MONTREAL – The dressing room of the Montreal Canadiens was opened on Monday after beating Calgary Flames 2-0. Goalscorers Ryan Poehling and Jordan Weal stood at their lockers and waited for the media to rush.
Nearby Carey Price put his gear in his pocket properly after dropping Ken Dryden to third place overall in a game in which he scored 31 saves and 46th career drop. Time Canadien's List. It was basically a minor matter for most of the people in the building, who saw the home team jump a 17-7 lead in the first half and a 32-16 lead in the 40th minute. And if he hadn't reached that milestone, we wouldn't be sure if he was in high demand in the room.
It doesn't matter that the 32-year-old stopped three 2v1 chances, three half breakouts and a few dangerous tips from the high slot before the second period ended. And yes, there was a minority that “Carey! Carey! Carey! "In the middle of a third period in which Price fired 15 shots, it wasn't a big story when the silver doors to the Canadiens room opened.
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There was Weal, the 27-year-old who was injured in Saturday's Ottawa 2-1 win over the senators in the team's overtime. If he hadn't used the puck to help the Canadians gain a head start that is considered the best game period in over a month, who knows how it would have ended?
And if it hadn't been for Poehling, the 21-year-old rookie who scored his first goal of the season to give Montreal a valuable double goal cushion at 9:45 might have looked different.
But he did, and as Flames head coach Geoff Ward put it after the game: “We struck, struck, competed and worked from the start. It was a long time before we got back into the hockey game. "
If the Flames had a chance at all, it was thanks to goalkeeper David Rittich. So the Canadians deserve to play like that.
Price was also not the main actor on Saturday after making 41 saves against Ottawa to help the Canadiens achieve their first win since December 23. That honor belonged to Ilya Kovalchuk, who scored his first goal in uniform in a dramatic way to end the game. And little is said about Price's performance against the flames outside of the 900 or so words we put down here.
But there was a lot of noise in his game when things were going badly for the team. Much was justified – probably more during the November slide than the last one, in which the Canadians lost eight games in a row (technically, two games where the other side scored two goals thanks to the spaces).
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And it wasn't just about Price’s game. His comments after a 2: 3 loss to the Winnipeg Jets a week ago that he was "extremely frustrated" were interpreted by some to mean that he simply didn't care anymore. His body language on ice has been broken down so often on Twitter that you'd have thought most Canadian fans had taken decoding courses from the FBI.
The team's 19-year-old center, Jesperi Kotkaniemi, noticed this.
"Oh yeah!" He said when asked if he knew how much guilt Price would take if the Canadians lost.
Kotkaniemi also shared some insights into the calm man's behavior in the crease behind closed doors as the storm has been getting stronger outside for the past three weeks.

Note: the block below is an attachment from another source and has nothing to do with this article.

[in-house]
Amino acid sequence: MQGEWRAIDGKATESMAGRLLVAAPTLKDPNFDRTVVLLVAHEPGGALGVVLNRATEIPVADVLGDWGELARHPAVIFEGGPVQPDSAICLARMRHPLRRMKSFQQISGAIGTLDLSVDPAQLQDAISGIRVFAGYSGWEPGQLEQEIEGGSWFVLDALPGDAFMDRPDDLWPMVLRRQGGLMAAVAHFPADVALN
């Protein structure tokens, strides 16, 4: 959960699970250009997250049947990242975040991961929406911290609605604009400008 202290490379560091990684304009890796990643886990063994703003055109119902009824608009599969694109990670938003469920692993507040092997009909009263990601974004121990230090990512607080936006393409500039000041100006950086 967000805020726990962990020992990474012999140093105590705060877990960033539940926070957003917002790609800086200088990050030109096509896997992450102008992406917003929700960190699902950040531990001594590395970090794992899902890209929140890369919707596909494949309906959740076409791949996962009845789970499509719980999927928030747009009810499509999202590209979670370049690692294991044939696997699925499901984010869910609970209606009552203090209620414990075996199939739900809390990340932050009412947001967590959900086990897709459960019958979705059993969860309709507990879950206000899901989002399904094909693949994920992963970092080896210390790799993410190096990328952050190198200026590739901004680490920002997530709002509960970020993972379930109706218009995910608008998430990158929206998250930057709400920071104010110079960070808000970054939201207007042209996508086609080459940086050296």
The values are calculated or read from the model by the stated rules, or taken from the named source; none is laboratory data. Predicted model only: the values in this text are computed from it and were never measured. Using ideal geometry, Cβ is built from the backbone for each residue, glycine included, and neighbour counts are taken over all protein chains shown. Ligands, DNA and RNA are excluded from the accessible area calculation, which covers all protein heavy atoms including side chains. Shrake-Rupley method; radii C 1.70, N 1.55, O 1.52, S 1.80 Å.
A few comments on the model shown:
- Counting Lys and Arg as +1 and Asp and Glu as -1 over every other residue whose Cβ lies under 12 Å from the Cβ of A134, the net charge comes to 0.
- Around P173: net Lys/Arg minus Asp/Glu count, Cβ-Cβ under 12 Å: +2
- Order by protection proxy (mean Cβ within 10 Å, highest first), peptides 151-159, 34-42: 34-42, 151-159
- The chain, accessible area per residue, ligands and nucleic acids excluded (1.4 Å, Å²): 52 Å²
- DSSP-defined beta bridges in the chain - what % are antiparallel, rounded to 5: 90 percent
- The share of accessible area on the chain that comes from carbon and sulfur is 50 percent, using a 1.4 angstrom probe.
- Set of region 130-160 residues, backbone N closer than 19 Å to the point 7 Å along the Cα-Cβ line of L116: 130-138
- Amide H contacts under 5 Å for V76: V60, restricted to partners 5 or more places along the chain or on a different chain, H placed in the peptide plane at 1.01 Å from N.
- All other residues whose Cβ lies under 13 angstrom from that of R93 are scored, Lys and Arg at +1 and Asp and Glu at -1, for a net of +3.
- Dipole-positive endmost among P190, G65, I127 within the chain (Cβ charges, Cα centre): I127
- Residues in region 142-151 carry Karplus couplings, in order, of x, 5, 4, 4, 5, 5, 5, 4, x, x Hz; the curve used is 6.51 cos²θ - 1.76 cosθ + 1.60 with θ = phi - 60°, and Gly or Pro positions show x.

"He doesn't stress that much," the boy began. "You know how calm he is, and whenever he talks, he says wise things and tries (was) to help the boys."
Poehling said Price's appearance gave him and the other young, inexperienced Canadians a head start.
"Whatever the outcome, Carey shows that if you just keep playing and sticking to it, things will go as you want," he said. "He is a quiet leader, but the way he stays alone and focuses on his process gives us the opportunity to overcome such situations. He gives us the chance to win every night."
There were a few games this year that simply weren't. But there are not nearly as many as some suspect.
Nevertheless, Price – as the highest paid goalkeeper in the NHL and the highest paid player in the Canadiens – has to live with this control.
Dale Weise, who supported Weal's goal, said that since his first assignment with the Canadiens from 2013-2016, Price has grown in this department.
"He has this positive attitude, he's huge in this locker room," said the right winger, who had returned to the Canadiens last season through trading with the Philadelphia Flyers.
“You can see his attitude; he doesn't give up, he doesn't point his fingers, he blames himself, ”Weise continued. "I think that's huge. You won't see much of his personality. I think you can see it open over the years – just from my time before until now. He's a little more relaxed. He's always had the comedy about himself that makes boys laugh. He keeps things relaxed in tense situations.
“The whole world could fall on him outside and you would never know. He is positive every day, works hard and his attitude is infectious in this locker room. "
We are certain that assessment means something to Price.
The few cheers that he heard at the Bell Center on Monday meant something to him, too.
"It is always nice to have this support and I always appreciate it," said Price.
Maybe after a win like the Canadians won on Monday, he doesn't need the credit, but he makes a lot of it.